The fussy persona that Marlowe adopts upon arriving in Geiger's bookstore has been a subject of argument for years; Lauren Bacall said that Humphrey Bogart came up with it while Howard Hawks claimed in interviews that it was his idea. What both of them failed to notice is that it was in the original book ("I had my horn-rimmed glasses on. I put my voice high and let a bird twitter in it."); all Bogart did was elaborate on it.See more »
Goofs:
Continuity: In the public library, a close-up reveals Marlowe is copying information out of a book opened to new chapter, with a large margin at top and a chapter heading in bold face type. In the long shot a second later, the book is opened to random page of dense text.See more »
Quotes:
Carmen Sternwood:You're not very tall are you?
Philip Marlowe:Well, I, uh, I try to be.
See more »
Movie Connections:
Featured in A Little Romance (1979)See more »
Soundtrack:
You Go to My HeadSee more »

FAQ

What are the differences between the Pre-Release Version and the Theatrical Version?
Why were Brody, Lundgren, and Alice clearing out Geiger's bookstore the day after he was killed?
What is 'The Big Sleep' about?
See more »
71 out of 87 people found the following review useful.
Classic private eye tale with Bogart and Bacall in fine form, 12 December 2001
Author: Dennis Littrell from United States

This classic of American cinema, actually made during the war and released in 1946, got a whole nation of young men affecting Bogey mannerisms, raising their eyebrows or showing their teeth while grimacing, and especially pulling on their earlobes while deep in thought, a smoking cigarette dangling between their lips. It was the genius of Howard Hawks, who directed, to do everything possible to make Humphrey Bogart a matinée idol, including having Lauren Bacall slump down in the car seat so as not to tower over him. With this movie a new kind of cinematic hero was created, the existential PI, a seemingly ordinary looking guy gifted with street smarts and easy courage, admired by men, and adored by women.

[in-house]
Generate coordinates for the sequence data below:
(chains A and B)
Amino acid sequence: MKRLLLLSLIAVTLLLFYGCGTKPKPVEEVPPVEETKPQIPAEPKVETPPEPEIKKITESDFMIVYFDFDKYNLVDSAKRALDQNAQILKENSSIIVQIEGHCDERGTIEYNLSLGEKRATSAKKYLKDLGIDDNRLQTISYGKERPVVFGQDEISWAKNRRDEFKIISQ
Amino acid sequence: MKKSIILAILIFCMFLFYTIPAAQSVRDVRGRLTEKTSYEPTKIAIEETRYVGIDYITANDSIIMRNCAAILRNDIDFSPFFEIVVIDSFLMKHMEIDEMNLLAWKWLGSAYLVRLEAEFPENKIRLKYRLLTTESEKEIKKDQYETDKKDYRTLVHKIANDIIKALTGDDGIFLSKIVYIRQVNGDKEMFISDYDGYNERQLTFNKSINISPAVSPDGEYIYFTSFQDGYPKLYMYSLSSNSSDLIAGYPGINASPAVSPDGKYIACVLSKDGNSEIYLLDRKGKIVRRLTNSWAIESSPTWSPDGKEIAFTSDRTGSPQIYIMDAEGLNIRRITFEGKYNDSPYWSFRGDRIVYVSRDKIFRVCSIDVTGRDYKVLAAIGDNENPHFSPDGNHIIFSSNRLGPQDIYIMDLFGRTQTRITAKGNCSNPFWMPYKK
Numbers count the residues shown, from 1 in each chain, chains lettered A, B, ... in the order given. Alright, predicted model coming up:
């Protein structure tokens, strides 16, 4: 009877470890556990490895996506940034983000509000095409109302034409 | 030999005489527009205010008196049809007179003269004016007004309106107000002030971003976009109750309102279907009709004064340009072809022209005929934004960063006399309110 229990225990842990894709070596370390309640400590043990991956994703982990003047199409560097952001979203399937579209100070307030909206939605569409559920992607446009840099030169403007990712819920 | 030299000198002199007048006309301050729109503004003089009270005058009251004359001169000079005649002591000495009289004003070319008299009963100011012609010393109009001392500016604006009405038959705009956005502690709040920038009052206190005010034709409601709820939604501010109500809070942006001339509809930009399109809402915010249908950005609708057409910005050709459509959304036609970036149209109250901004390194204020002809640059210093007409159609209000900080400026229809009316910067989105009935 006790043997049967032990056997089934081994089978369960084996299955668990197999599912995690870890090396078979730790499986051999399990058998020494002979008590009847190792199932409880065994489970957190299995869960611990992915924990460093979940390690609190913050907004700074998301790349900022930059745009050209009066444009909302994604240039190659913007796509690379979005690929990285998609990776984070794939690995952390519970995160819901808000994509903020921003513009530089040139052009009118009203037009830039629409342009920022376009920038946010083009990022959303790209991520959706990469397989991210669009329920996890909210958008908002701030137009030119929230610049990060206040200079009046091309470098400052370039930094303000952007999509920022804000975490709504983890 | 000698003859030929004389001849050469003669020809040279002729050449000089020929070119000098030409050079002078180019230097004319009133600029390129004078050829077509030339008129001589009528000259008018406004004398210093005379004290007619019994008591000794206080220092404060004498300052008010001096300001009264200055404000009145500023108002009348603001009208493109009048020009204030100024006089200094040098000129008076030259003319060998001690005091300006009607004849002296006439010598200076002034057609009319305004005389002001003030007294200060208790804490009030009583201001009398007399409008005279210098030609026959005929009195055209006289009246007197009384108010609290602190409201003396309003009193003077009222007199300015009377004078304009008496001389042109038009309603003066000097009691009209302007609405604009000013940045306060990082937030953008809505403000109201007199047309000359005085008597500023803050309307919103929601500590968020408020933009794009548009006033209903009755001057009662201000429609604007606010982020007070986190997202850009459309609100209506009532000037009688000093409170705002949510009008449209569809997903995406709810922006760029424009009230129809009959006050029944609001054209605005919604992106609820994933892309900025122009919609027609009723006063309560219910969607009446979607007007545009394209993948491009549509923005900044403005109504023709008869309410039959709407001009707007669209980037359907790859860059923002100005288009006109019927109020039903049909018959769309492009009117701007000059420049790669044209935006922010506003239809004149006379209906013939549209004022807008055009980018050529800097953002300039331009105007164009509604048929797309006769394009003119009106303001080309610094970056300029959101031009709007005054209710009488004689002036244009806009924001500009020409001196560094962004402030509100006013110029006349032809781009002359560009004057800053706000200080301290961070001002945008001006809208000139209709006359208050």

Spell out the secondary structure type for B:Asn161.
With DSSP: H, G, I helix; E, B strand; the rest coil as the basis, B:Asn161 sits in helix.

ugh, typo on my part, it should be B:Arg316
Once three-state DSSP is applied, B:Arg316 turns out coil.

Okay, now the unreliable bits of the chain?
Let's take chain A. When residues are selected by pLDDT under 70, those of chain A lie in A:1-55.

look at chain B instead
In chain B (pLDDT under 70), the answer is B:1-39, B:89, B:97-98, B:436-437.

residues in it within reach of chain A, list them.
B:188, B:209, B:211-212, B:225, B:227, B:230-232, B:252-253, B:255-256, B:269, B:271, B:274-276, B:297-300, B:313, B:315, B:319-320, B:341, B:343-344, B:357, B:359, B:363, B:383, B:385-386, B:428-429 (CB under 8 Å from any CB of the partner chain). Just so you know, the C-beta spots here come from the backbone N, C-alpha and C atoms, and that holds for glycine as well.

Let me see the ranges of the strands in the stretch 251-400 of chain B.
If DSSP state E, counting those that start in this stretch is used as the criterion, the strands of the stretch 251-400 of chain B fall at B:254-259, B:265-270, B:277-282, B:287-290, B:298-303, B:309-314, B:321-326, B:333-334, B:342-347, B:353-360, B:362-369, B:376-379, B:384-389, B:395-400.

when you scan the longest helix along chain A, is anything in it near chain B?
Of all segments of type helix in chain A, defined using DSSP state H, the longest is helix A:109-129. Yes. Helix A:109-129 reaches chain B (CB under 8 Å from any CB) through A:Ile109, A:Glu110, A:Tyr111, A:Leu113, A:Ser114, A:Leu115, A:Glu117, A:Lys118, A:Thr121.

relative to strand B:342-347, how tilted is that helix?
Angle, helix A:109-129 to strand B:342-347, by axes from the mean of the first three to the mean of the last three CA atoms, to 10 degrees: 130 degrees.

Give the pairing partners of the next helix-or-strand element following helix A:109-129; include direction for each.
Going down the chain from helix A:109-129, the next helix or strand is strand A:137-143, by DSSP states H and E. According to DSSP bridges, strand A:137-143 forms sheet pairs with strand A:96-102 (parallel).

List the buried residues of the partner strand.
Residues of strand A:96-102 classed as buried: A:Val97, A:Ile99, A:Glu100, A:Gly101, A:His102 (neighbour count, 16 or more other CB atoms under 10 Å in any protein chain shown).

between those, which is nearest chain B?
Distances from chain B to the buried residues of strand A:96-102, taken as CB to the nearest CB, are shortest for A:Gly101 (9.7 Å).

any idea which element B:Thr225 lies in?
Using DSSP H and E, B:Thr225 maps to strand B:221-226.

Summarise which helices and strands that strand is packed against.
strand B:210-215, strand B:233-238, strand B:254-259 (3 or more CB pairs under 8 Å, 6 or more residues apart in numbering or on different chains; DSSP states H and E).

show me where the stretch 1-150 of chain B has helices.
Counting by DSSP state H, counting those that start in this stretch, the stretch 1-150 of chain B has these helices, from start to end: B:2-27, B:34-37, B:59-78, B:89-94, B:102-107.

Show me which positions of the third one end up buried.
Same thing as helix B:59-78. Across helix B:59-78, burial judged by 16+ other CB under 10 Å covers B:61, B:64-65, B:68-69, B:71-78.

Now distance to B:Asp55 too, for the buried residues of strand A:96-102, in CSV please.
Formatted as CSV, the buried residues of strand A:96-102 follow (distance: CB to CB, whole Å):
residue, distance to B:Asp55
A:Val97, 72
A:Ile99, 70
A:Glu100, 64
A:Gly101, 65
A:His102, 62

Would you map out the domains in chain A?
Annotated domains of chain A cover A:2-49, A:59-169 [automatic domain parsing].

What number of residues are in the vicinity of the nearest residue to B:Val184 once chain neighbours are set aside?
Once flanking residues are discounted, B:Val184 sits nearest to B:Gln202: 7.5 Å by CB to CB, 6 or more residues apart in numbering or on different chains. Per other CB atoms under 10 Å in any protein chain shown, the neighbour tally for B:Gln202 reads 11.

Hawks fashioned this, part of the Bogart legend, with a noire script penned by William Faulkner, et al., adapted from Raymond Chandler's first novel, that sparkled with spiffy lines, intriguing characters, danger and a not entirely serious attention to plot detail. Hawks surrounded Bogey with admiring dames, beginning with the sexy Martha Vickers who tries to jump into his lap while he's still standing (as Marlowe tells General Sternwood), and ending with the incomparable Lauren Bacall, looking beguiling, beautiful and mysteriously seductive. In fact, every female in the cast wants to get her hands on Bogey, including a quick and easy Dorothy Malone, bored in her specs while clerking at a book store. Hawks also employed some very fine character actors, most notably Elisa Cook Jr., and Bob Steele, the former as always, the little guy crook, (Harry Jones), and the latter, as often seen in westerns, the mindless heavy with a gun (Canino). Charles Waldron played the world-weary general and Charles D. Brown was the butler.